Exploring the Coromandel, New Zealand - My Top 5 Photo Spots

January 20, 2018

The Coromandel .. a place where a large portion of New Zealand's population spends their summer holidays exploring the vast amount of beaches, caves, bush walks, islands and absolutely breath taking scenery that cover this part of the country.

 

 

I have many fond childhood memories of summers spent camping on the Coromandel. My family owned a vintage pop top caravan which we would load up with surfboards, boogie boards, uncles fishing gear, food to last a couple of weeks and then hit the coast.

 

 

Situated on the eastern side of the North Island, the Coromandel Peninsula is surrounded by the Hauraki Gulf on one side and Pacific Ocean on the other, with the Coromandel Range (elevation 900m) running down the centre of the peninsula separating the two.

 

Fast forward 20 years and I still find myself escaping here for summer, nowadays with my own family or with my camera in hand hoping to find places that I haven't visited before, or returning to a few that captured my heart the first time.

 

I loaded up my Toyota Surf with camping gear and supplies last week to hit a few of my favourite spots to share with you in the hope it might inspire you to find yourself here one day too.

 

 

1. Te Whanganui a Hei - Cathedral Cove

 

Undoubtedly one the more famous of locations in the Coromandel area, Cathedral Cove is a picturesque beach paradise boasting some of the most beautiful coastal scenes you will find in New Zealand.

 

 

Not only is it one of New Zealand's few marine reserves, it also forms part of a coast dotted with amazing sea stacks, crystal clear blue water, and it's more well known feature .. the Cave that acts as the entrance to the beach.

 

 

 

A short 45 minute hike (one way) from Hahei with incredible coastal views all the way, it is worth the walk to get to this famous little stretch of beach. It's no wonder they used this location for the entrance into Narnia in the movie The Chronicles of Narnia: Prince Caspian.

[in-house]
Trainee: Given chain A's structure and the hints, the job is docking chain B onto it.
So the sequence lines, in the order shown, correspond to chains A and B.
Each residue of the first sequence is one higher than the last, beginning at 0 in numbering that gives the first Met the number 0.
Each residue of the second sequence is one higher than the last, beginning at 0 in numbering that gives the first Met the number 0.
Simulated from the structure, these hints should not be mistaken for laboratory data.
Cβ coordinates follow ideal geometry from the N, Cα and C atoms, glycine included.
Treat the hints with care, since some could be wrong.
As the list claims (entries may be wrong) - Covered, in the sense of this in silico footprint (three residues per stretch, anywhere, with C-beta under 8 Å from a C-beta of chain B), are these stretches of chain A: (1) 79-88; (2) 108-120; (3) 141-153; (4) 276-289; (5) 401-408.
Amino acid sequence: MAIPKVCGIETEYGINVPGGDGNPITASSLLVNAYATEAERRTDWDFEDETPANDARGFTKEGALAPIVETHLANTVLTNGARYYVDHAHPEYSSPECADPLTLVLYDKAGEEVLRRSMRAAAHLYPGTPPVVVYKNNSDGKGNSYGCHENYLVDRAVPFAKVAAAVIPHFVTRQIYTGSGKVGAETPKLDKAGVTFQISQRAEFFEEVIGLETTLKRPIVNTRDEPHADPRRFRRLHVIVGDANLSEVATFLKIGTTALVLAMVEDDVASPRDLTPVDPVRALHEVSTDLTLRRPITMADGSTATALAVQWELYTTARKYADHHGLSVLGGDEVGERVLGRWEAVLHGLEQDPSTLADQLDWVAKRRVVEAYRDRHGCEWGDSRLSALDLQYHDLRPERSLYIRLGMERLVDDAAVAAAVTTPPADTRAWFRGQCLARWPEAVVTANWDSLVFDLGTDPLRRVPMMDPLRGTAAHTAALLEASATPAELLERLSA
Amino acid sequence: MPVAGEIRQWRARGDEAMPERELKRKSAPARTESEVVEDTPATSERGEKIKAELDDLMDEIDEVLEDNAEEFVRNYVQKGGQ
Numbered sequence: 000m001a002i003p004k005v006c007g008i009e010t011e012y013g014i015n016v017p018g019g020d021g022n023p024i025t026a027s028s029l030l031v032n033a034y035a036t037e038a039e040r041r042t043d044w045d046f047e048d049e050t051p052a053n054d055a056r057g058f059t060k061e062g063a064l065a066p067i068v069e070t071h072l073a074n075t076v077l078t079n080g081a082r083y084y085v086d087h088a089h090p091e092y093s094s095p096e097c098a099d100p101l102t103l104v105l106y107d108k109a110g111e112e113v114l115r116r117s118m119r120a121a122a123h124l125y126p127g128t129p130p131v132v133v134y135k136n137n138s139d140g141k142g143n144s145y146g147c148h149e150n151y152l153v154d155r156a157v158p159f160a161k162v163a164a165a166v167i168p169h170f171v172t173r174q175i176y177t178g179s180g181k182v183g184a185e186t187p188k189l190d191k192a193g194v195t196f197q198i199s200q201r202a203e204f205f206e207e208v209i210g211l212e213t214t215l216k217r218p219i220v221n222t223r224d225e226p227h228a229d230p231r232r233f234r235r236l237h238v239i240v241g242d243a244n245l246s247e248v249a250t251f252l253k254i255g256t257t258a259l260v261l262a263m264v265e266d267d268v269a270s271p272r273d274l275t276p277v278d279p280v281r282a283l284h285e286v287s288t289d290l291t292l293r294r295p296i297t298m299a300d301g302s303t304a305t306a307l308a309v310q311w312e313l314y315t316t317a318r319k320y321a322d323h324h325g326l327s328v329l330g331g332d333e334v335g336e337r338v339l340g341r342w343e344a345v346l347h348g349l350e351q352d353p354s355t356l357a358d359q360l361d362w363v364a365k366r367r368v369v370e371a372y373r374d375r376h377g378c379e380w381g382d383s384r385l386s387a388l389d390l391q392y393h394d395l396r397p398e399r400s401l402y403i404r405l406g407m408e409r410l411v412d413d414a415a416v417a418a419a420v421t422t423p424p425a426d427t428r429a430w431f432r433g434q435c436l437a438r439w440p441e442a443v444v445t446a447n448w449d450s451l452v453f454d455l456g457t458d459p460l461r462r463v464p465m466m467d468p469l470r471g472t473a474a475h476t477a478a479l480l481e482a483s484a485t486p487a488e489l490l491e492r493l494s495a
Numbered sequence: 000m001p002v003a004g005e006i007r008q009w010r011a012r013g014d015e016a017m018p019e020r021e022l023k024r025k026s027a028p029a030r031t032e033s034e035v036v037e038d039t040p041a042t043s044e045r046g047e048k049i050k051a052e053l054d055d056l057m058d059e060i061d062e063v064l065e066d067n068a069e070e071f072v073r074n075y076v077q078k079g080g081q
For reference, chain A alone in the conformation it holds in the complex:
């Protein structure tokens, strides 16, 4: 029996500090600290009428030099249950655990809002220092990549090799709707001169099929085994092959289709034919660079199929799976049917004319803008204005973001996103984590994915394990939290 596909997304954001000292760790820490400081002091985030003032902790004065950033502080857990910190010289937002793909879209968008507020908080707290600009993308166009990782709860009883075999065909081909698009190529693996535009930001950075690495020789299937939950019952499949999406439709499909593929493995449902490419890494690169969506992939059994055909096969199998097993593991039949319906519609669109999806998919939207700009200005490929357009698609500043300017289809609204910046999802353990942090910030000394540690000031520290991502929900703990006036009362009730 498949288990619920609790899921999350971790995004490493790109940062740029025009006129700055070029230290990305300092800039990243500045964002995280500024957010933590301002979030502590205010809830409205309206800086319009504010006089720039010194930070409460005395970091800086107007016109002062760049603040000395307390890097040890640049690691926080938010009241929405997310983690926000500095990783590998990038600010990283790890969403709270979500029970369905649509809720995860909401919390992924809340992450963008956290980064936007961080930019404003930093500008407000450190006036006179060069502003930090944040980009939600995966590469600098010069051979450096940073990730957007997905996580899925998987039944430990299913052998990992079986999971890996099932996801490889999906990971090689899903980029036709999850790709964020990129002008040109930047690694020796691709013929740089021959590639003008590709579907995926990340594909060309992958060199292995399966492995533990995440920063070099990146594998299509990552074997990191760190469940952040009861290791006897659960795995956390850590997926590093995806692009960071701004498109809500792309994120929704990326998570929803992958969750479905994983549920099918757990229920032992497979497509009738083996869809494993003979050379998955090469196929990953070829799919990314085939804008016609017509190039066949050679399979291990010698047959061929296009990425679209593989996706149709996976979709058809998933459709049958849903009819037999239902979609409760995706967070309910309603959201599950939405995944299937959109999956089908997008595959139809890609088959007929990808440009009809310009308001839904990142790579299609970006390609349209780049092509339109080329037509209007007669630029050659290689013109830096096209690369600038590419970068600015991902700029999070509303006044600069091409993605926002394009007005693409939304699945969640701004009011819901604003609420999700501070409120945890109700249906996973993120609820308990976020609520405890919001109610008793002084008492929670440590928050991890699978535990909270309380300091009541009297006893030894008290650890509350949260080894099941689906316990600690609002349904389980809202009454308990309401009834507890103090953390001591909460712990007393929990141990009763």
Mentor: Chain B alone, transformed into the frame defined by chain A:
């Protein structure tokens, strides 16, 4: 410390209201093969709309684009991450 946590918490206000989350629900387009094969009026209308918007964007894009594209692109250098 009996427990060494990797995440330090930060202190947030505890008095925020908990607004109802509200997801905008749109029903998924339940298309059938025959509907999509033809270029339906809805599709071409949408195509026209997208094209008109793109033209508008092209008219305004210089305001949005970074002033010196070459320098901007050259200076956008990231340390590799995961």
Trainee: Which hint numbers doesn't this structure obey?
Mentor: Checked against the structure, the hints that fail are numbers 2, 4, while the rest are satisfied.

2. wainuiototo - New Chum Beach

 

Voted one of the worlds top 10 beaches, this semi secluded coastal hideaway is one that should not be missed when visiting the Coromandel. Golden sand beaches, native bush, red flowering Pohutukawa trees in the summer and turquoise blue water where dolphins can be seen playing in the waves all year round .. Utopia is the word the comes to mind when thinking of this place.

 

 

Just a 1 hour return walk through native bush from the beach at Whangapoua, this protected and untouched coastal gem serves as a reminder that New Zealand beaches are some of the best in the world and deserve the utmost respect when visiting. Not only so that nature can continue being it's awesome self, but so that we can all go somewhere to get away from reality and enjoy a slice of kiwi paradise.

 

 

 3. Northern Coromandel

 

If you haven't explored the northern area of the Coromandel Peninsula, then I 100% urge you to pack up the truck and head away for a few days up the Thames-Coast Road. Carry on through Coromandel town, Colville (which by the way is last stop for decent coffee and supplies), and just keep on driving up. Note the road is gravel and steep in some places.

 

 

Pohutukawa trees line this section of coastal road as you drive along the Firth of Thames and the Hauraki Gulf , with many stop the car moments to admire the incredible coastal scenery.